Google co-founder Sergey Brin has suggested AVs would reduce the need for parking lots, since they could drop one person off at work and then pick up another instead of idling in a lot. In the case of a privately-owned car, he said, it could park itself in the most efficient way possible.

    “Anybody who first gets in the car and finds the car is driving will be a little skittish,” California Gov. Jerry Brown said when he signed SB 1298 in October 2012. “But they’ll get over it.”

    In June 2011, Nevada became the first state to regulate driverless cars, requiring that manufacturers show proof of 10,000 miles of autonomous vehicle operation in order to be licensed. So far, Google, Audi and Continental have met that licensing requirement. Florida passed a law in April 2012, and several other states, including New York, Massachusetts and Washington, have legislation pending.

    A legislative analysis of California’s SB 1298, however, noted that privacy advocates were “troubled by the ability of this technology to collect without restriction large amounts of data and are asking that data collection be limited to only that data that is necessary for the operation of the vehicle and that such data not be retained any longer than is necessary for the operation of the vehicle.”

    In response to those concerns, the bill was amended to include the provision requiring manufacturers to disclose the data they collect from AVs. But to privacy advocates, the amendment did not go nearly far enough.

    “It doesn’t address how data is used,” Simpson told MintPress. The technology, he noted, “clearly has the ability to gather all sorts of information about you … where you go, where you stop, how fast you go.”

     

     

    “The car must not become a data monster”

    The California DMV now has the difficult job of fashioning the regulations implementing SB 1298. “Just as we are now tracked around the Internet, will Google and other purveyors of driverless car technology now be looking over our shoulders on every highway and byway?” Simpson asked at the agency’s March 11 workshop on AV regulation.

    Will the data be used, he continued, to “track our movements and those of surrounding cars and mobile devices so that Google’s advertisers can better locate us?”

    Simpson told MintPress it was particularly “disconcerting” that Google is now capable of “data manipulation and data mining across all of its services.“ As a result, he said, “If you have Google AV software and a Gmail account, all of this data can be put together in one profile.”

    In its discussion of SB 1298, the California Legislative Analyst’s Office cautioned, “While restrictions on data collection might be desirable to assure that consumer privacy is protected, there is some question as to how the technology manufacturer would determine what constitutes ‘data necessary for the operation of the vehicle.’”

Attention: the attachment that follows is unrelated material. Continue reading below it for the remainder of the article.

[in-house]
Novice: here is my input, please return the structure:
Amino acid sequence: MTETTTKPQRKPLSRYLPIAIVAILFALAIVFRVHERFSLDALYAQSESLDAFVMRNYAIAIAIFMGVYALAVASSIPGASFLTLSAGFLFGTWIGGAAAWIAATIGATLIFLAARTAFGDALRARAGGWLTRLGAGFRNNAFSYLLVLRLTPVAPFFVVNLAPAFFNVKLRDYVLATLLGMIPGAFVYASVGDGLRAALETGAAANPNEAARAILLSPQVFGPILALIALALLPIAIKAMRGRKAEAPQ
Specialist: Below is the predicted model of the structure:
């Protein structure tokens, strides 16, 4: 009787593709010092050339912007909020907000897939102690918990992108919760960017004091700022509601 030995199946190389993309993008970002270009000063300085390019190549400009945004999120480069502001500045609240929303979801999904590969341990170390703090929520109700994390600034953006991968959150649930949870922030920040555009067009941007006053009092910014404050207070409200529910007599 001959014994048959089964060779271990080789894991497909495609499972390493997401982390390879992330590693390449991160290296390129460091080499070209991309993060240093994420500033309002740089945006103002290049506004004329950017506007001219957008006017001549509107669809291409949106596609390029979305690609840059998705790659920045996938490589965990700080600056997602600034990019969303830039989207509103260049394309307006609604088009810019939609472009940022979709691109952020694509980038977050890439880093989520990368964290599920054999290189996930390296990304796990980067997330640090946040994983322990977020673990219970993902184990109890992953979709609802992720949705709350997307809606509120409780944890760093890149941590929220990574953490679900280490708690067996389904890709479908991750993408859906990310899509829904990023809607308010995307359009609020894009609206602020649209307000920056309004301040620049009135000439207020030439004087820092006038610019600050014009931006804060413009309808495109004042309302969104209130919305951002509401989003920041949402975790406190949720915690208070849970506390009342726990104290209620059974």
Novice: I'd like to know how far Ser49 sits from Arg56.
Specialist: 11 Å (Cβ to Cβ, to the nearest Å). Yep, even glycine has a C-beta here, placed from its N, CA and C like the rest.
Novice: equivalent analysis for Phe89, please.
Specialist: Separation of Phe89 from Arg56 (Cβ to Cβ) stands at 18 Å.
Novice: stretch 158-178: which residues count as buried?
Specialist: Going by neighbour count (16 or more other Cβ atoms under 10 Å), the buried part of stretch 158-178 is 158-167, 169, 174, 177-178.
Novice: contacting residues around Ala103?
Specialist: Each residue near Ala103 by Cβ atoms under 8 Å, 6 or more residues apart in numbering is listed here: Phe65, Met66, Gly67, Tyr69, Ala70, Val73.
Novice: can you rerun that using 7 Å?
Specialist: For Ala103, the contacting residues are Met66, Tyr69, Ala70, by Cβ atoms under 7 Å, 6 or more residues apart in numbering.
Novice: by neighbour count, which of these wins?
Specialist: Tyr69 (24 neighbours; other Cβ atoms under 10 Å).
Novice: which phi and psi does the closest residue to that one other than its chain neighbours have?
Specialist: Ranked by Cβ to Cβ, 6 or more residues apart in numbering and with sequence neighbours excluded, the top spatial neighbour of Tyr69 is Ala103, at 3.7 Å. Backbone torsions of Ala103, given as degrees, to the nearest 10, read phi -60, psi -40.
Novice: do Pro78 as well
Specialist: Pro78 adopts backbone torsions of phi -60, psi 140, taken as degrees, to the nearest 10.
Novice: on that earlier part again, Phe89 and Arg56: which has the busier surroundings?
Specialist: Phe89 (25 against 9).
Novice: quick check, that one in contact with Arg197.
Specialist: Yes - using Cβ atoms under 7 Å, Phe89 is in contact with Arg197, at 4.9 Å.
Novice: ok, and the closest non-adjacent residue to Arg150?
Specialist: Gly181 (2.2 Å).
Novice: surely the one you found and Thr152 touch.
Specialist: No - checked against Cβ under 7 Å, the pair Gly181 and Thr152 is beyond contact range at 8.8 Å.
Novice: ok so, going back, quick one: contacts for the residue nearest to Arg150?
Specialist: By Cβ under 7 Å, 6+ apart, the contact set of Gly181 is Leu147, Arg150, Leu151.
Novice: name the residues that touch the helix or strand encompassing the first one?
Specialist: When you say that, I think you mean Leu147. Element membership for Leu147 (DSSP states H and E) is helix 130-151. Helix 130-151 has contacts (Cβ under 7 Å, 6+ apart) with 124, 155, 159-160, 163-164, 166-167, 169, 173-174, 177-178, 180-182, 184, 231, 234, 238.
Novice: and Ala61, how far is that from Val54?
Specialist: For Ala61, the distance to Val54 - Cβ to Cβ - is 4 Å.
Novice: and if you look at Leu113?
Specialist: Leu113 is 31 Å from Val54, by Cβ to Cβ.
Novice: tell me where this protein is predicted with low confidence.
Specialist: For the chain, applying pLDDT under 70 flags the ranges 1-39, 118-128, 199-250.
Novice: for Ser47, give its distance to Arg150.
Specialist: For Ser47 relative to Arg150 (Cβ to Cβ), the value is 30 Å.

But Simpson said he believes manufacturers can be limited to using data for navigation purposes and barred from using it for marketing purposes.

    If, for example, the data from a driverless car showed that “you’re stuck in a traffic jam … that would be OK,” he said. But it would not be permissible for the data “to show you were in traffic jams ‘x’ times a day and therefore you should listen to a mellow radio station.”

    Even the chairman of the Volkswagen Group has expressed similar concerns.

    “The car must not become a data monster,” Martin Winterkorn said earlier this month at a trade show in Germany. “I clearly say yes to Big Data, yes to greater security and convenience, but no to paternalism and Big Brother.”

    The California DMV is expected to produce a first draft of the regulations in May or June. “I felt there was an awareness [of the privacy issues] on the part of the people running the workshop,” Simpson said, adding that the DMV commissioners also discussed cybersecurity, including whether it would be possible to hack into the data from an autonomous vehicle.

    A Google representative also attended the workshop. The company, Simpson said, wants the regulations to have “maximum flexibility,” but he fears that would create ambiguity and “wiggle room.”

    “You need to have regulations that mean something,” he added.

    Google agreed in August 2012 to pay a record $22.5 million fine to settle Federal Trade Commission charges that it misrepresented to users of Apple’s Safari browser that it would not put tracking “cookies” on users’ computers in order to deliver targeted advertising to them.

    “Simply put, there is no reason to believe Google when it claims to be concerned about privacy,” Simpson told the DMV.

    With ever more sophisticated electronics such as the OnStar security system also being incorporated into conventional automobiles, privacy advocates say privacy issues must be addressed proactively, not after the fact of an intrusion. And Simpson pointed out that California’s regulations may set the standard for other states.

    “They could set the tone for what is done elsewhere,” he said.